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Food Safety Tips When Handling Eggs

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Handling and storing eggs properly can help you avoid getting sick. (File Photo)

Handling and storing eggs properly can help you avoid getting sick. (File Photo)

CBS Detroit (con't)

Affordable Care Act Updates: CBSDetroit.com/ACA

Health News & Information: CBSDetroit.com/Health

DETROIT (WWJ) – Coloring Easter eggs and hosting Easter egg hunts are fun holiday traditions for many Michigan families. The Michigan Department of Agriculture & Rural Development (MDARD) reminds consumers to take some simple steps this Easter to ensure safe egg handling and minimize food safety risks.
 
“Consumers also play an important role in food safety by following basic, but very important, food handling, storing and preparing guidelines,” said Kevin Besey, MDARD’s Acting Food & Dairy Division Director. “Some easy-to-follow guidelines regarding egg handling and storage will help ensure safe Easter meals and events.”
 
It is important to remember to keep hard-boiled eggs, peeled or in the shell, in the refrigerator below 40° F for no more than one week.  Hard-boiled eggs should be stored on an interior shelf of the refrigerator, not in the door.
 
MDARD also recommends these safe egg handling tips:

  •  Check egg cartons before buying, passing over cracked eggs.  Discard any cracked or dirty eggs you discover after you get the eggs home.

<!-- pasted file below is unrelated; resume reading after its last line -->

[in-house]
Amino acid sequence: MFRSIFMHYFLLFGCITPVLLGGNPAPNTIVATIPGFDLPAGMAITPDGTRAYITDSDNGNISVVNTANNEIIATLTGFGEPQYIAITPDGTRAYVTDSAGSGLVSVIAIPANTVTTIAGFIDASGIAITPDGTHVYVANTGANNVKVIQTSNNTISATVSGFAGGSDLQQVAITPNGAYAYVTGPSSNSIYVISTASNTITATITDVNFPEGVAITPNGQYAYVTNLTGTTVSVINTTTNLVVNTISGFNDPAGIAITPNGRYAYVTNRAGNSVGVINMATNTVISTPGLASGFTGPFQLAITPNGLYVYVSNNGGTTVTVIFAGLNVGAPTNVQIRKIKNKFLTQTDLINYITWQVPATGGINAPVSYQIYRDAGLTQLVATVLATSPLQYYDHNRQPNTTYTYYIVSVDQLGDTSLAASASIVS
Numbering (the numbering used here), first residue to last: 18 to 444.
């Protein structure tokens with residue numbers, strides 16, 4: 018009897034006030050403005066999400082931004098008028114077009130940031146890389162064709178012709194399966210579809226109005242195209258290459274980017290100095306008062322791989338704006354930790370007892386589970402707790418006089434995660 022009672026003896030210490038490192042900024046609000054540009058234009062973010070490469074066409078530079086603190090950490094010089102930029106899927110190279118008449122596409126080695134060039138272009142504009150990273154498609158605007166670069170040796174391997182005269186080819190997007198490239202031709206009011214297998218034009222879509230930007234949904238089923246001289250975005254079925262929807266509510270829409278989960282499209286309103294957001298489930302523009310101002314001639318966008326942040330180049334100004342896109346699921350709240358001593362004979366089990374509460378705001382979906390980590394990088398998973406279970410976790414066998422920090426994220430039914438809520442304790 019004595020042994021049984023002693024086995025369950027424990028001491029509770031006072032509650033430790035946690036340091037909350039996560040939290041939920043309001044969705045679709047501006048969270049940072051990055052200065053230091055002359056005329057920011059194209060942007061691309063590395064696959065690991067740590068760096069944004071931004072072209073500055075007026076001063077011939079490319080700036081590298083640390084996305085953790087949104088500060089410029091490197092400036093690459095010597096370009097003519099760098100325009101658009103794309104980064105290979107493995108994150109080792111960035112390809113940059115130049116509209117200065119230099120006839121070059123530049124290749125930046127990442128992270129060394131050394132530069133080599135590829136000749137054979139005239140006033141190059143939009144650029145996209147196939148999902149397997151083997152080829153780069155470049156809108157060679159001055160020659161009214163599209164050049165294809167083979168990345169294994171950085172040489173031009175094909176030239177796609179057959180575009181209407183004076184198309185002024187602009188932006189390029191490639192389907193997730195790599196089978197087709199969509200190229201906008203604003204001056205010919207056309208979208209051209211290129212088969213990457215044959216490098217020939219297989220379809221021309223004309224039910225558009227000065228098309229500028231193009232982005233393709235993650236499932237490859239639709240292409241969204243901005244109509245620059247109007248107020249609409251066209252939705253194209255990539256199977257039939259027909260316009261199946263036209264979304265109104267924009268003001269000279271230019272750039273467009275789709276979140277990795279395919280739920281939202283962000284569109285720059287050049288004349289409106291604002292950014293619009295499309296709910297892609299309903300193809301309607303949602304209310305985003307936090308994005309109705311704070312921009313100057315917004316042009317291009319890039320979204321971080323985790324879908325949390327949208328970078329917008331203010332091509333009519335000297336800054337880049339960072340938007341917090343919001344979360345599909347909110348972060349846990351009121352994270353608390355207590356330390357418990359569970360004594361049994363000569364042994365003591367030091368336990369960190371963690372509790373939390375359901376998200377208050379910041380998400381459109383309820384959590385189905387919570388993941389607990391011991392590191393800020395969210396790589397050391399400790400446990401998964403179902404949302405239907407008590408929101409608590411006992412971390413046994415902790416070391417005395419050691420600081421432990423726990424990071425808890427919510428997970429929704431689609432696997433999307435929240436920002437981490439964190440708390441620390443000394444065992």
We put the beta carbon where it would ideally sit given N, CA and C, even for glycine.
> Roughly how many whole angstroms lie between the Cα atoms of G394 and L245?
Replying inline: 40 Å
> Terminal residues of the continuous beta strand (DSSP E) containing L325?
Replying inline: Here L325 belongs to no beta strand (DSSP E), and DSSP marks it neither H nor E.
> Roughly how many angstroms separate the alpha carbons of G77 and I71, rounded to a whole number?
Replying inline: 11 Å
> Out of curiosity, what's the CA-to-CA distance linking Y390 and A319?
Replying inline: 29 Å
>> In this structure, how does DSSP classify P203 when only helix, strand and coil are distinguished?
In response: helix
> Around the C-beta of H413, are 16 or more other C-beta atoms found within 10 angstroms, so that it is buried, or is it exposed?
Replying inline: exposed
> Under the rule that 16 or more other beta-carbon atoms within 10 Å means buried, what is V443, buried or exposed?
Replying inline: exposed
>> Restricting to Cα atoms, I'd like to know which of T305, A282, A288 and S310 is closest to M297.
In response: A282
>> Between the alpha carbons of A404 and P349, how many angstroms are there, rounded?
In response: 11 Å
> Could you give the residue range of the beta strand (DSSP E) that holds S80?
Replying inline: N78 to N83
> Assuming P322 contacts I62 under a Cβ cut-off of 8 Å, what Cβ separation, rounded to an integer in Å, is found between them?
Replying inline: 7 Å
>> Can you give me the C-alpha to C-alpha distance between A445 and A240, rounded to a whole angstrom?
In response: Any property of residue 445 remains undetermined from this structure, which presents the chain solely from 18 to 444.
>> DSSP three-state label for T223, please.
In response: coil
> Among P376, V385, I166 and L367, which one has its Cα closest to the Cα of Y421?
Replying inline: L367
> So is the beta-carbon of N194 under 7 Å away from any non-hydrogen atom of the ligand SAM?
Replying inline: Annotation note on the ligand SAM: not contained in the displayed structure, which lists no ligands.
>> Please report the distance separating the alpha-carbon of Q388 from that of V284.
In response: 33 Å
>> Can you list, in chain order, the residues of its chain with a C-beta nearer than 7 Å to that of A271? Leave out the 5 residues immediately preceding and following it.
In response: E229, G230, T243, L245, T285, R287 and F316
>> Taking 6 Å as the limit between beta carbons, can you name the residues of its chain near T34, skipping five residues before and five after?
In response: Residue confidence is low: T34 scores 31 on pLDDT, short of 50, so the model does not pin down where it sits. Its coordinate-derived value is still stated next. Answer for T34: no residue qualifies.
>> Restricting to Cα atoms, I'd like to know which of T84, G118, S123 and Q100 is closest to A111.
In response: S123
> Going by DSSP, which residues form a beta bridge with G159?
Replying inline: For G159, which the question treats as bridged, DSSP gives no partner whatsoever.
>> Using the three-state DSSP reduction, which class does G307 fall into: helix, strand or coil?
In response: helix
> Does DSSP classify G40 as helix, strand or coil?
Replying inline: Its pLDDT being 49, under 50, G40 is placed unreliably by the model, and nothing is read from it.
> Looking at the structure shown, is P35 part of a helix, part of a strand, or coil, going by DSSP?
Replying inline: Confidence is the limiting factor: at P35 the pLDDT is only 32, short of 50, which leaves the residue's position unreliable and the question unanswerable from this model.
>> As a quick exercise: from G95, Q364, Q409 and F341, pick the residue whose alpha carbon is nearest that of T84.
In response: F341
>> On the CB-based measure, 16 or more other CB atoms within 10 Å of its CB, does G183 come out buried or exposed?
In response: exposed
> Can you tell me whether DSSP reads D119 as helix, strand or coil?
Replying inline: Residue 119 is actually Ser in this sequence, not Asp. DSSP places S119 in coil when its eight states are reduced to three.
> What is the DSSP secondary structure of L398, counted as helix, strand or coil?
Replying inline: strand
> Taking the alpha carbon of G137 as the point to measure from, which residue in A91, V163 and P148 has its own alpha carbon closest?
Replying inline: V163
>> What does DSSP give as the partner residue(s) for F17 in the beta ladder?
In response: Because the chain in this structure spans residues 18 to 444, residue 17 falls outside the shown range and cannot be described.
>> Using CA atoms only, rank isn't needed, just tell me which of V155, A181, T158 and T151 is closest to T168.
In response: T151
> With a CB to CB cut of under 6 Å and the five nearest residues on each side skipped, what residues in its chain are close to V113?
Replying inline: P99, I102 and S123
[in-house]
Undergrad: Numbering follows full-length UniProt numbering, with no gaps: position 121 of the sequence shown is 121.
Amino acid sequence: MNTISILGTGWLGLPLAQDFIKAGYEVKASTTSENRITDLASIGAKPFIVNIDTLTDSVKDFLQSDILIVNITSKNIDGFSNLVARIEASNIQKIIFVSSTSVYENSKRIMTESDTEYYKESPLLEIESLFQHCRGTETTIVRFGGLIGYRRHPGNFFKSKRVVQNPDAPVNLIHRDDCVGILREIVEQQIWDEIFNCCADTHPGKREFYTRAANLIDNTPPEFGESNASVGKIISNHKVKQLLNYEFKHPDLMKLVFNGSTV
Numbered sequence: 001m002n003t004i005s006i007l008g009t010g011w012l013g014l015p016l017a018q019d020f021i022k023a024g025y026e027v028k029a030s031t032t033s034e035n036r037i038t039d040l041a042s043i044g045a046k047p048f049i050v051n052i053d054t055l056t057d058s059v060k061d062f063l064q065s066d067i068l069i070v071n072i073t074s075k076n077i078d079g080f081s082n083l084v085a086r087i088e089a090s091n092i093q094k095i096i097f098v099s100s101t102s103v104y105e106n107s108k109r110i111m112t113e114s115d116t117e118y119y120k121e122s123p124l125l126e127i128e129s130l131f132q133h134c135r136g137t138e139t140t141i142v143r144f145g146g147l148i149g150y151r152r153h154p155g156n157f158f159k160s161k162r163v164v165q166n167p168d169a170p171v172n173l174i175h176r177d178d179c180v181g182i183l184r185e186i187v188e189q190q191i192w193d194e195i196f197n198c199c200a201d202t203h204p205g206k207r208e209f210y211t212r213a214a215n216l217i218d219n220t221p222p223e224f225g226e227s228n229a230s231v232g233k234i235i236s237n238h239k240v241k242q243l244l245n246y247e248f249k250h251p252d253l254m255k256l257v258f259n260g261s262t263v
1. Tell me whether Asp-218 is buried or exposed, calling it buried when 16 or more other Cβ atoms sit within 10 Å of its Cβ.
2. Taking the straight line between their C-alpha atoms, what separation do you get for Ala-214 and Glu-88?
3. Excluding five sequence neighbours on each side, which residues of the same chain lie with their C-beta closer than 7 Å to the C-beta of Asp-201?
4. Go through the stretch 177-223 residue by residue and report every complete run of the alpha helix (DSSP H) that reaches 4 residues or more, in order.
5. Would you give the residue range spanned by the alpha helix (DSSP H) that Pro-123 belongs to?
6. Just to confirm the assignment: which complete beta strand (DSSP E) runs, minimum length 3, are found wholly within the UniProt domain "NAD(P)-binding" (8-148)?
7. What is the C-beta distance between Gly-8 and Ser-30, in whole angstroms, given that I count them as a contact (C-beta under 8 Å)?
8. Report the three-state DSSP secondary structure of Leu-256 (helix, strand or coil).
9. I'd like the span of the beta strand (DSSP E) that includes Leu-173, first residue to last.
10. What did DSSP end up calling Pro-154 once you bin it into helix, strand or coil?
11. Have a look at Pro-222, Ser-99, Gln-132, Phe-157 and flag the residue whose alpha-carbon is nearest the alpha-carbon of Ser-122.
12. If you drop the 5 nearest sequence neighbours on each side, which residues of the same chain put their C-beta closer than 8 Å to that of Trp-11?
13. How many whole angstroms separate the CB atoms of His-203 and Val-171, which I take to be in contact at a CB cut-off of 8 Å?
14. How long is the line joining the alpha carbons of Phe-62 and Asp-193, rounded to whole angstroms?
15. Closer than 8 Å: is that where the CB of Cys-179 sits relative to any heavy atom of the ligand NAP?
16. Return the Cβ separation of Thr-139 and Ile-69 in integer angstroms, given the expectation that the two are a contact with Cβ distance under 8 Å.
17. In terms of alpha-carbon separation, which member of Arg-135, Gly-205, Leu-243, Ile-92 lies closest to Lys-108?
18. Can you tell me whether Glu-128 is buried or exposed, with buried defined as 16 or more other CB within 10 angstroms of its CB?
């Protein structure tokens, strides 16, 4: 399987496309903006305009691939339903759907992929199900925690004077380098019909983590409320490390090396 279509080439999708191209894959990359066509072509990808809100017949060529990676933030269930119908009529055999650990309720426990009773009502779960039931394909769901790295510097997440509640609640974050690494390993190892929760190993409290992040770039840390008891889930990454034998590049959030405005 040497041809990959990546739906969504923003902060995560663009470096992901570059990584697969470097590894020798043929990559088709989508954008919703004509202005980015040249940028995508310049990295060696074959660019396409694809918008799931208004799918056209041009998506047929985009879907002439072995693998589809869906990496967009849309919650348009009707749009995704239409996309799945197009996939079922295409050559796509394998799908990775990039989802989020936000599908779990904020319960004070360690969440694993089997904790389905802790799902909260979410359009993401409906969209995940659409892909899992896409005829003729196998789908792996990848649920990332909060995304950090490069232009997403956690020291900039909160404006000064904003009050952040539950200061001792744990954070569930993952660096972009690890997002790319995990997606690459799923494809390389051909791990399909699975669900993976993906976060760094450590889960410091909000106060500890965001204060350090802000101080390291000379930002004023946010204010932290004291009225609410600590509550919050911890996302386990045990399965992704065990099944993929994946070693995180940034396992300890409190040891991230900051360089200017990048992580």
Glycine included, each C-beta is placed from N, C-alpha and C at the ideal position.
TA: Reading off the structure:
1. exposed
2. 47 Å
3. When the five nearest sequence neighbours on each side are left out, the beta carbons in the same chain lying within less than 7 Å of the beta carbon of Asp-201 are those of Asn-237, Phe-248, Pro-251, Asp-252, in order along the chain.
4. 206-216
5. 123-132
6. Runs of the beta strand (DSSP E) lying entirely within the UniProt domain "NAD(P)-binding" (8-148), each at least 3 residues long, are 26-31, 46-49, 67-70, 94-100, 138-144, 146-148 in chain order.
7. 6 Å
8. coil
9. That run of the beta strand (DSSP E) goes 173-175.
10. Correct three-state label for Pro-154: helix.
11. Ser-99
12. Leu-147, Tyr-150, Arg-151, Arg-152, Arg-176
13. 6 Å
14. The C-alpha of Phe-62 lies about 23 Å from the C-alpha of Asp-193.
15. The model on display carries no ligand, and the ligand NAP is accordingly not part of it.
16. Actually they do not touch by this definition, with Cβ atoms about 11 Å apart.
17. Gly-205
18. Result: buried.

•  Keep eggs and foods separate from raw meat, seafood and poultry in grocery carts and in the refrigerator.
  •  Wash hands for at least 20 seconds in warm, soapy water before and after each step of preparation from cooking to hiding.
  •  Wash all food contact surface areas (counter tops, utensils, dishes, and cutting boards) with soap and water after contact with raw eggs. Then disinfect the food contact surfaces using a sanitizing agent, such as bleach, following label instructions.
  • Cook two sets of eggs – one for the Easter egg hunt and one for eating. Cook eggs thoroughly, and do not keep eggs warm or at room temperature (between 40 to 140ºF) for more than 2 hours.
  • Do not consume hard-boiled eggs that have been unrefrigerated for more than two hours.  

 

You can find more  food safety tips here:  www.michigan.gov/mda, http://www.fightbac.org/ or http://www.foodsafety.gov/.

You can call toll-free the U.S. Department of Agriculture Meat and Poultry Hotline at (800) 535-4555 or the U.S. Food and Drug Administration Food Information Line at (888) SAFE-FOOD.

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